This brings me to last week. In April, I am going to be doing a novel writing challenge called Camp Nanowrimo. The main character in my novel is a firefighter who develops Post Traumatic Stress Disorder. Last week, I read a couple of articles by someone with Post Traumatic Stress Disorder. Not only did it talk about the disorder, but it also addressed some of the common misconceptions that authors make when writing about characters with it. For example, the article said that not all people with Post Traumatic Stress Disorder have a lot of flashbacks and they don't throw up after flashbacks. I guess that those are common portrayals in fiction that are inaccurate.
I have sort of realized that writers of both fiction and nonfiction are gatekeepers of sorts. People don't only look to us to be entertained, but they look to us for information - even if they are just reading a good book. It is important that we get it right because we have more of an effect on the way that people view things, and other people, than we often realize.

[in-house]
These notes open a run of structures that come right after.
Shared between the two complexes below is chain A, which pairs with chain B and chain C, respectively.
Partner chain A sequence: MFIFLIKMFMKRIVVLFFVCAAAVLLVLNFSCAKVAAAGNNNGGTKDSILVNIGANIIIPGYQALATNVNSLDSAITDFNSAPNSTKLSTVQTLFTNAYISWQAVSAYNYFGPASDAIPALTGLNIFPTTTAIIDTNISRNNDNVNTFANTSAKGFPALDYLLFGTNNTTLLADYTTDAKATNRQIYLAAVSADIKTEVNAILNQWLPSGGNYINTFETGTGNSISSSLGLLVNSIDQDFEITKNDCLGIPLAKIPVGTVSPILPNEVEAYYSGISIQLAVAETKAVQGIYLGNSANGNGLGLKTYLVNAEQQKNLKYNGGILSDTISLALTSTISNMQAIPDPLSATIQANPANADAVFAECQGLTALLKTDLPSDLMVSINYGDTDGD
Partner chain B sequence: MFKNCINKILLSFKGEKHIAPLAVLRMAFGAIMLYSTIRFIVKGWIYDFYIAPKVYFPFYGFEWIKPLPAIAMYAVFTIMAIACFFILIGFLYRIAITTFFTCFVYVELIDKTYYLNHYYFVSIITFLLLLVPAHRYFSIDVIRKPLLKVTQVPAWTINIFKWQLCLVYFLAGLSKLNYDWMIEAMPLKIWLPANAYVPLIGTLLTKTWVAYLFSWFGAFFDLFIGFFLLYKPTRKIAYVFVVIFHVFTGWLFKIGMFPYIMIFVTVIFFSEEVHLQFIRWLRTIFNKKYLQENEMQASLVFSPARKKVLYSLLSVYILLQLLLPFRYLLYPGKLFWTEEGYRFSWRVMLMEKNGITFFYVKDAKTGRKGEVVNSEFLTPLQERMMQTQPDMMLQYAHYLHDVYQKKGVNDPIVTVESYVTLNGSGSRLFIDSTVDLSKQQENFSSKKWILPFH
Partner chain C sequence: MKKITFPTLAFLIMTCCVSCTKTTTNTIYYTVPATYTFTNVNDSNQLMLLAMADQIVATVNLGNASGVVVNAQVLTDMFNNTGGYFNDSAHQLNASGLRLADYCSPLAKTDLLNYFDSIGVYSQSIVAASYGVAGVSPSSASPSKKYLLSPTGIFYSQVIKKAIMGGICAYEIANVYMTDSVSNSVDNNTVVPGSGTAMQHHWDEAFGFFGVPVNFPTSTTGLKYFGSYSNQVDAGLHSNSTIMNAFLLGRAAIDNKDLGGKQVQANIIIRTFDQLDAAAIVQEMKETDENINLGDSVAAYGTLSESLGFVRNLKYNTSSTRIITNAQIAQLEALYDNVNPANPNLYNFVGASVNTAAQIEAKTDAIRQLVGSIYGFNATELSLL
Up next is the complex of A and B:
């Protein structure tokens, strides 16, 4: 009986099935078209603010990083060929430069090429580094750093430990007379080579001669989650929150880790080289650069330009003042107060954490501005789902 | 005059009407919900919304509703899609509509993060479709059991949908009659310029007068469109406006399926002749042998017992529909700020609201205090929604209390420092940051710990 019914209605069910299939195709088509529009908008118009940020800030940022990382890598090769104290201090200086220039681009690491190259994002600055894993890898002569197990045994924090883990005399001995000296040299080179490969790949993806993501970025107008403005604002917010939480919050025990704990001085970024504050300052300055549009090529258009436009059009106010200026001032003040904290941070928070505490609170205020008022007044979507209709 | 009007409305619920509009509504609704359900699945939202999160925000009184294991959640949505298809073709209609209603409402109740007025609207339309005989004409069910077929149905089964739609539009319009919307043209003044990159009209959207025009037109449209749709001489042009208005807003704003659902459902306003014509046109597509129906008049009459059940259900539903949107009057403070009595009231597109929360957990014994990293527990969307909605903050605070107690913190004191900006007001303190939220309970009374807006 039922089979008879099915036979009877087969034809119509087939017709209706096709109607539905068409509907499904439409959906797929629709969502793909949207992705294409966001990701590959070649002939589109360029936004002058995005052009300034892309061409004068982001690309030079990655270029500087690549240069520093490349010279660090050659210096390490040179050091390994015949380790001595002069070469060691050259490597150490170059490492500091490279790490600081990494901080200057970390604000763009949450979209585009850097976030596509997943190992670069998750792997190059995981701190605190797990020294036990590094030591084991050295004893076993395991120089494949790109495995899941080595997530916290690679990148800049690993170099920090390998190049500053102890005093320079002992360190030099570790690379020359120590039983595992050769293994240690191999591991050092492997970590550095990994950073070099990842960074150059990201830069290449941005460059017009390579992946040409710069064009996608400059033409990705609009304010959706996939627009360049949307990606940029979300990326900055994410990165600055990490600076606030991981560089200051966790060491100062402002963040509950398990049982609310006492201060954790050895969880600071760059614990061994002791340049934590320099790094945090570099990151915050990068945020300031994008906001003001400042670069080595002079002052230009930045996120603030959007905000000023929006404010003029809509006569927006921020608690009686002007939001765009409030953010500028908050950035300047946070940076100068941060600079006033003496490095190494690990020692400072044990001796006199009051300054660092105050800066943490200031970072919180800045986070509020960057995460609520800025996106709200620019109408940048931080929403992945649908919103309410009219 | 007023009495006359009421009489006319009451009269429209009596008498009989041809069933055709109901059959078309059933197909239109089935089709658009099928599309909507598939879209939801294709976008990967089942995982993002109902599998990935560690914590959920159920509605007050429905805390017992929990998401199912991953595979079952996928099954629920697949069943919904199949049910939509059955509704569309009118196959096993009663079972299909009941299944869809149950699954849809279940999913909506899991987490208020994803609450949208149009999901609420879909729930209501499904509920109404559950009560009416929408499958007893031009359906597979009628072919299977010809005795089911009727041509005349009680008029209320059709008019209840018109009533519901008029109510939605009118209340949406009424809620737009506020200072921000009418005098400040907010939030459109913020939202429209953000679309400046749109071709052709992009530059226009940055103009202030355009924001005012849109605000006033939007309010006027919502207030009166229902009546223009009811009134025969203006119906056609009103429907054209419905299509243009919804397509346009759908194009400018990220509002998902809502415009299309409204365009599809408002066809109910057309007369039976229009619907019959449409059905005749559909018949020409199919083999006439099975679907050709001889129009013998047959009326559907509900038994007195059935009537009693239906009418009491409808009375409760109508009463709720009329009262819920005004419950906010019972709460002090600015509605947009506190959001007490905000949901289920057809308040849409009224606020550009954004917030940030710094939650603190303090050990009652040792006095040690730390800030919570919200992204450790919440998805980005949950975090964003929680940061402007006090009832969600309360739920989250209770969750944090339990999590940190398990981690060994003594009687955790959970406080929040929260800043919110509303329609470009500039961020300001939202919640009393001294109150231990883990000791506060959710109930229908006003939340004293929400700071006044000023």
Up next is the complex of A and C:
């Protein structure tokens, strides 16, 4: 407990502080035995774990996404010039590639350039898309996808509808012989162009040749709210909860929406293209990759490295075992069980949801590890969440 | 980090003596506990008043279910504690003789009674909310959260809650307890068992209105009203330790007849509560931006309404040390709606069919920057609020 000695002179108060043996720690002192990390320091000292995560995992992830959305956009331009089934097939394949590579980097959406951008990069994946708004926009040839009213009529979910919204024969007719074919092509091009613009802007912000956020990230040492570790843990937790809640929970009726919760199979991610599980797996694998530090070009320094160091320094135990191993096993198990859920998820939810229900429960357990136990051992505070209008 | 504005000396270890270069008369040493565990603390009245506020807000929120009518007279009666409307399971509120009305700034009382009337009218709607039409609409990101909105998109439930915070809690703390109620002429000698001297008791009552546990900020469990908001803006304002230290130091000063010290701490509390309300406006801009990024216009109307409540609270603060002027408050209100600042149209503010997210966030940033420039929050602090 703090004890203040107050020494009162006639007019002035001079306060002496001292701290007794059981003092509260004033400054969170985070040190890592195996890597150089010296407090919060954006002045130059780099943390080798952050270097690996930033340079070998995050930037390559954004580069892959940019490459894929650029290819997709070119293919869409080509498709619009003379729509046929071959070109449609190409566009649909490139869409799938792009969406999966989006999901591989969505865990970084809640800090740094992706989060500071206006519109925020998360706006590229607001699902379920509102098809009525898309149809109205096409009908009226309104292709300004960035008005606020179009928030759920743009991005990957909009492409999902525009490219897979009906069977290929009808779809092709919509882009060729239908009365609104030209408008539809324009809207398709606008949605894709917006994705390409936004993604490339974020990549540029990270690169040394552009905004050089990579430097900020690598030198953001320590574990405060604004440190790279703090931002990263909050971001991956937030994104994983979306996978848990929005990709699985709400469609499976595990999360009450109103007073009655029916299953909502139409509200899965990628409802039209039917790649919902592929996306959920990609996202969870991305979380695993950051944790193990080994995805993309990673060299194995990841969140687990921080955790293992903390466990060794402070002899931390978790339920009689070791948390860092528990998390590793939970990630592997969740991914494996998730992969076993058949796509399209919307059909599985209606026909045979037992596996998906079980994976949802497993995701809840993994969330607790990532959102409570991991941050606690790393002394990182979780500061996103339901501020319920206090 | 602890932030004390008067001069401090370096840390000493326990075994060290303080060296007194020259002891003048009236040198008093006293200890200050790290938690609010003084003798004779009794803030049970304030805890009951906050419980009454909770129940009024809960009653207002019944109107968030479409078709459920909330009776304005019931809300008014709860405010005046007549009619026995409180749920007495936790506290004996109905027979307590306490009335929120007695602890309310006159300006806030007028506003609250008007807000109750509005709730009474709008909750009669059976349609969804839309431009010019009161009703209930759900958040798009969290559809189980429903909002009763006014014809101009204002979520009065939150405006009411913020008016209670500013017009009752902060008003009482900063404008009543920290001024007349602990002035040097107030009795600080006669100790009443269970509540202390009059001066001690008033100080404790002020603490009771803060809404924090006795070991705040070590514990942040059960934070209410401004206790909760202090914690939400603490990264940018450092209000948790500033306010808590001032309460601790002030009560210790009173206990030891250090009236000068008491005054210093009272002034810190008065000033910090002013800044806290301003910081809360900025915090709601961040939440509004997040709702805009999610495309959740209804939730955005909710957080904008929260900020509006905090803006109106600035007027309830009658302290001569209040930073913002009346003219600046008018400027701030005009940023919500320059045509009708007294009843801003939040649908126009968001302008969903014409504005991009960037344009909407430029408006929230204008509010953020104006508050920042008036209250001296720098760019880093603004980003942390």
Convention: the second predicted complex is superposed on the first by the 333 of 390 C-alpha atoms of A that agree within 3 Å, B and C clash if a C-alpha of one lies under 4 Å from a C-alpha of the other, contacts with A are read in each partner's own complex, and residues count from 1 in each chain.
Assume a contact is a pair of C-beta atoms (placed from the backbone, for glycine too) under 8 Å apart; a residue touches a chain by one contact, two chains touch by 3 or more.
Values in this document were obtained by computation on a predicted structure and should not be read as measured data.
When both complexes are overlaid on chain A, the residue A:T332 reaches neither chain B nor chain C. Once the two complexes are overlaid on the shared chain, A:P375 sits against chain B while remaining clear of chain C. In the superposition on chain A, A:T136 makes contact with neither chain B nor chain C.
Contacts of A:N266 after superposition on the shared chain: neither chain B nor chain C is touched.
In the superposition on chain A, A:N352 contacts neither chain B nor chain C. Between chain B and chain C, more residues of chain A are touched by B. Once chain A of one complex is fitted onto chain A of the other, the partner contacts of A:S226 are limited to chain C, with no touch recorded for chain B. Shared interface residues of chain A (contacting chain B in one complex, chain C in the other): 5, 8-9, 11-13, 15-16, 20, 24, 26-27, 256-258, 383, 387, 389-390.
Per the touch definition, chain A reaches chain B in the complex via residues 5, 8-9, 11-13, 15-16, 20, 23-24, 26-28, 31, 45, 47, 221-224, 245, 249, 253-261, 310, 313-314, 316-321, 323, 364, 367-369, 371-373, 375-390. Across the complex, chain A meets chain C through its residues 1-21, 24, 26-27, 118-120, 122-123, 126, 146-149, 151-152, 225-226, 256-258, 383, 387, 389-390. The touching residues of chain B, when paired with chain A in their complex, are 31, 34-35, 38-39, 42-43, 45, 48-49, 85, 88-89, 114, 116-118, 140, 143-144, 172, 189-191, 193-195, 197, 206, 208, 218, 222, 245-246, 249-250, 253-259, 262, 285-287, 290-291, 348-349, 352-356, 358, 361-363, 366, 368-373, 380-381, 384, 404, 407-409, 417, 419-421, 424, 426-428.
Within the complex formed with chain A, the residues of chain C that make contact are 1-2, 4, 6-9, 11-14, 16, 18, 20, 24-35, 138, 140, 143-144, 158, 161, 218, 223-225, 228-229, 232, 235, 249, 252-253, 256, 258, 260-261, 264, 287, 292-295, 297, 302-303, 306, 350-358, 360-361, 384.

Sarah Evans was born with cerebral palsy and has been a long time member of AbilityOnline.org. She mentors other members and openly shares her valuable experiences. Sarah is also an aspiring writer.